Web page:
What is work?

Lauren Guido - Ecuador


February 3, 2014

As I reach my four month anniversary of living in Ecuador I realize that my perspectives of what is considered work have been challenged by the work experiences I have endured as well as observed. At my previous apprenticeship I worked at an ecotourism museum called Kamak Maki, which consisted of Kichwa artifacts, a zoo, a medicinal garden, a natural medicine store, and handmade Kichwa crafts store.  Seven days a week the museum employed nearly my entire extended family including my mom and my dad, on its property where my home was located. I spent more time in the dining area of the museum than I did in my own house because my mom opted to cook breakfast, lunch, and dinner there with her siblings and relatives. This made it particularly confusing to differentiate between when I was and was not working because the museum was always opened.

Between eating my meals at the museum, going to bathroom, working, and relaxing it was extremely difficult to determine when I was actually working. Was I working 24/7 or was I just living my life which was my work? As Andriana Mata Greenwood discusses in Gender Issues in Labour Statistics, statistics are needed on work schedules to better describe the workforce.  As I personally experienced, determining what is ‘work’ and what is not working hours is difficult to differentiate when one is living and working in the same place. Due to my family spending ‘downtime’ at the museum I could not figure out what was a family obligation or an obligation for the museum.

Greenwood also discusses how women tend to work closer to home or with their families because they tend to have lower degrees of education and thus cannot find work elsewhere. In addition, women are typically the ones to take care of the children and do house work.  Finding employment further from home when they have household responsibilities would not necessarily make sense economically. The majority of the people who work at Kamak Maki are women that are related to the family. My mom was one of those women. I’m not sure if it was her choice to work at the family business but she fit into the two main categories as to why women work close to home. She did not finish high school and had housework and a baby to care of on a daily basis. This indicates that statistics are true, women are more likely to be involved in the family business than men. I think education is the main reason behind this. Out of the five men who work at the museum only one of them is related to the extended family. My own father did not work at the museum, instead he studied during the day for his classes at night.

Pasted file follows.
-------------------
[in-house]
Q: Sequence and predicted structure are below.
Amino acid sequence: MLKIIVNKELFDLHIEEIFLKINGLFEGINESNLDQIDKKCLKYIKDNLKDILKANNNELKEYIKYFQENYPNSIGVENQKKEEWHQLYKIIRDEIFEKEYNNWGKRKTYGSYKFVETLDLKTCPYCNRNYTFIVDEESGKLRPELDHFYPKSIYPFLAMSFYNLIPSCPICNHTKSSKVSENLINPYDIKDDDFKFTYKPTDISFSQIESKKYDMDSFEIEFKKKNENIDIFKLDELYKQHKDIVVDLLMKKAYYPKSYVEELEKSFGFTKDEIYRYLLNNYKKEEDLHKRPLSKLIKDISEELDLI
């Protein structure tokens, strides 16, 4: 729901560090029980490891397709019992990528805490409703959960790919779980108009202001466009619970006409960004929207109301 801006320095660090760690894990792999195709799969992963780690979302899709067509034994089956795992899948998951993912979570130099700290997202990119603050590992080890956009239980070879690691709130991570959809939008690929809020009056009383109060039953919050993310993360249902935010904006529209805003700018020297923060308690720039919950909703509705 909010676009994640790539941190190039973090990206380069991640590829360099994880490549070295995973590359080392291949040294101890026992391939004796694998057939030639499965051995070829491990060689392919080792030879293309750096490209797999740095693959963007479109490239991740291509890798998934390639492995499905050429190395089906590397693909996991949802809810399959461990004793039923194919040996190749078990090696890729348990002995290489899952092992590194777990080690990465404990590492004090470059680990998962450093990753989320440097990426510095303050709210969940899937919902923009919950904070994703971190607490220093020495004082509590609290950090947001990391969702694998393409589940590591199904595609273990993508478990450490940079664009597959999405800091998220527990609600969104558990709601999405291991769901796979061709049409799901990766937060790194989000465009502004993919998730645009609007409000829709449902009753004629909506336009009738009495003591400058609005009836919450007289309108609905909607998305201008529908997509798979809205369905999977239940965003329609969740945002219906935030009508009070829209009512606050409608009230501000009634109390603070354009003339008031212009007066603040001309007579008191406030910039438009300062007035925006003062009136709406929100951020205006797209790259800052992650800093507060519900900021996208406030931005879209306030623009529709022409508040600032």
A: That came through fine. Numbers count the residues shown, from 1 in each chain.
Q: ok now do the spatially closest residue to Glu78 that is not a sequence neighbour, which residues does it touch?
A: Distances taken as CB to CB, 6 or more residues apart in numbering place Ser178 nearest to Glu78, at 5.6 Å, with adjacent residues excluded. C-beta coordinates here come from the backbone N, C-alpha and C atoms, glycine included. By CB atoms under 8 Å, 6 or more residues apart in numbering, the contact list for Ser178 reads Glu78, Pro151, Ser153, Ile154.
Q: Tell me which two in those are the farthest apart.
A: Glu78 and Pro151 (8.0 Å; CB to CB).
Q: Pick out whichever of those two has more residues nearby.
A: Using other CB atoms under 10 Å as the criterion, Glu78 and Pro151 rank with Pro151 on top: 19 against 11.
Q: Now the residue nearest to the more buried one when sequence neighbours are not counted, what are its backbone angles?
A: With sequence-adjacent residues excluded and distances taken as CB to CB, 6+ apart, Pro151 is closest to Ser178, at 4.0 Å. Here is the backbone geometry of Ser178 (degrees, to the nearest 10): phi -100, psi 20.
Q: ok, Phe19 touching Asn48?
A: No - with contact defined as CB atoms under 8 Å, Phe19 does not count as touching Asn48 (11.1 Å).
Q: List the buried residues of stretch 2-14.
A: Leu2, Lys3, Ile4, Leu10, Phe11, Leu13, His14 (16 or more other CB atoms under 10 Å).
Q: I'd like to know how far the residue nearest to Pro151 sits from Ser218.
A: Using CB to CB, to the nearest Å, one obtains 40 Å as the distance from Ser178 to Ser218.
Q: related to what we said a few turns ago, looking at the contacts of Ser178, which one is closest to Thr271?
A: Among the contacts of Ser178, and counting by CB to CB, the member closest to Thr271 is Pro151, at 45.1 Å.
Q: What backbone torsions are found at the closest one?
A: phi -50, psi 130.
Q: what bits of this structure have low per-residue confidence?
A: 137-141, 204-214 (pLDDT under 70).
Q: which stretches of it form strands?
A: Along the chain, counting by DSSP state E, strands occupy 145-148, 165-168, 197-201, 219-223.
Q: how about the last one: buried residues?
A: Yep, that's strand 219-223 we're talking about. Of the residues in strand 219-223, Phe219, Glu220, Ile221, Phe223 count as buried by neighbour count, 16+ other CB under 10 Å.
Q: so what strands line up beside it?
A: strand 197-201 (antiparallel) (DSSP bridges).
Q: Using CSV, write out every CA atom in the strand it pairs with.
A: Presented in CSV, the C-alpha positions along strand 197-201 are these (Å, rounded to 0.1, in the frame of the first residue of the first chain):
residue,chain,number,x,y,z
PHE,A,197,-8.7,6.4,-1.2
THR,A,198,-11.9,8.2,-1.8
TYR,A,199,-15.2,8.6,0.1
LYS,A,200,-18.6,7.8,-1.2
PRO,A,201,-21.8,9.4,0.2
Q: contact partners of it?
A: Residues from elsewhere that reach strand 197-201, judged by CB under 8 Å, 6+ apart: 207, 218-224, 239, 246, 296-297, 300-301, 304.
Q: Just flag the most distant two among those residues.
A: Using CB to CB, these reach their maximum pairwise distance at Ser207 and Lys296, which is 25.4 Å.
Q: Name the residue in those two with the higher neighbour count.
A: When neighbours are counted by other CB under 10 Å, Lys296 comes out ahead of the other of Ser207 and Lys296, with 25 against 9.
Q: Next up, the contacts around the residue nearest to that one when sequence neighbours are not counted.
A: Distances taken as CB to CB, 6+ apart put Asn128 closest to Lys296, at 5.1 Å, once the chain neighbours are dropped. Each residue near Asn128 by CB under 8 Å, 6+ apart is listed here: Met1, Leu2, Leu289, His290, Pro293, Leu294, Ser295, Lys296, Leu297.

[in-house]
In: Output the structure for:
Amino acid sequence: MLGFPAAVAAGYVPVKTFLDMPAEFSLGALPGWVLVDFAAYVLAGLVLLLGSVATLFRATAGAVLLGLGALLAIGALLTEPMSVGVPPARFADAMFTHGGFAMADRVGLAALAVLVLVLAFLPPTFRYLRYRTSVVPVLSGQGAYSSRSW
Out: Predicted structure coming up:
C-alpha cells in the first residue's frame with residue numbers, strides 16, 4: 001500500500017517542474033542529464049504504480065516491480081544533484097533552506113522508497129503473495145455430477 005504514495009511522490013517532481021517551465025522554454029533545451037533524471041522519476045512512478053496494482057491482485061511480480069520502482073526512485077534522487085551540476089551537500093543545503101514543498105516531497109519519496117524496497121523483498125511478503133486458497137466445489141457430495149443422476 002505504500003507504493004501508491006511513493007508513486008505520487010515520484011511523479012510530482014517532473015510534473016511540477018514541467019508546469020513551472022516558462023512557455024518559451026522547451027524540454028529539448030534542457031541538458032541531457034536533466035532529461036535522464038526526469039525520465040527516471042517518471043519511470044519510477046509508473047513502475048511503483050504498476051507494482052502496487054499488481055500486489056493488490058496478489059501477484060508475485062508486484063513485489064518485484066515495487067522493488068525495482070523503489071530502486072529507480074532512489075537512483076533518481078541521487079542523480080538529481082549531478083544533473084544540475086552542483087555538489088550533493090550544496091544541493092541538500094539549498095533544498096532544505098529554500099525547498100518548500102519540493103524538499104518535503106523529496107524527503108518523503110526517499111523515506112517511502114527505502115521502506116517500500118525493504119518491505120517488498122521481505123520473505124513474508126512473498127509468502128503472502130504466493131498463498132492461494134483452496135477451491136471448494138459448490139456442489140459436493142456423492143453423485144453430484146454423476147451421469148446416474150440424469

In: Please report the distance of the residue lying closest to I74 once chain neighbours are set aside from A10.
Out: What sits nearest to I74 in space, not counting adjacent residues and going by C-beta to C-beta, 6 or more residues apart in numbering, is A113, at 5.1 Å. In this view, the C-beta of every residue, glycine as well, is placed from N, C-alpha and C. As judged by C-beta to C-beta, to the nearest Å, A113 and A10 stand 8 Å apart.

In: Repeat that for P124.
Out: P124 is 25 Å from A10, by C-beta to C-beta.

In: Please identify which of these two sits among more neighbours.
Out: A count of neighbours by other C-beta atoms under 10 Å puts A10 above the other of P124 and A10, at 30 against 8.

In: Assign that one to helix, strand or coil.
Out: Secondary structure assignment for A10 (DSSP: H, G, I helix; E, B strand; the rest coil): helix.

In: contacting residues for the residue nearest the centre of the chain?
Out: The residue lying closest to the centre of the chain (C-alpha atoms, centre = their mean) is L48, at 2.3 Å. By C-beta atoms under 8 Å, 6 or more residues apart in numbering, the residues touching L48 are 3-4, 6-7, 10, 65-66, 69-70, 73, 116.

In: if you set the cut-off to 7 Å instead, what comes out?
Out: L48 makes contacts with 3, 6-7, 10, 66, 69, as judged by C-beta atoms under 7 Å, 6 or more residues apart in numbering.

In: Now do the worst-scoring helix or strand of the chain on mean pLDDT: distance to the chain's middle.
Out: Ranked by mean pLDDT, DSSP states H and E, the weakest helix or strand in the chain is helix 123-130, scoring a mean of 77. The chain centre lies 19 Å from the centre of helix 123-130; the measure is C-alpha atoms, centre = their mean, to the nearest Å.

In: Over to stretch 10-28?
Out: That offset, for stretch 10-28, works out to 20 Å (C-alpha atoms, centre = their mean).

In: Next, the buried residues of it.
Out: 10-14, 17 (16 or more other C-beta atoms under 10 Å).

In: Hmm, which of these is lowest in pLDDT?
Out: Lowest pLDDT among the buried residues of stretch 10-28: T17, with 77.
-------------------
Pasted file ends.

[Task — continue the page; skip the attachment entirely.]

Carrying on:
Greenwood brings to the forefront that girls are more likely to do child labor than boys which can also disrupt labor statistics. A 17 year old girl I befriended did not go to school like a typical girl the United States. Instead, she worked and lived at the museum for 22 days, she would then travel back to Tena, a city forty minutes from the museum to live with her father for 8 days. I know that life is different in Ecuador but I can’t imagine leaving school to work at a mundane job. I feel guilty that I never asked about her dreams and aspirations. Did she choose this life or did this life choose her?

I am so grateful to have had the experience of living and working in the same place. I now understand why collecting labor statistics can be so challenging. To capture the complex details of the work and family lives of my host family in Ecuador might require rethinking the category of work itself.  Through this year’s experience I hope to better articulate why work here is different than at home.

Lauren Guido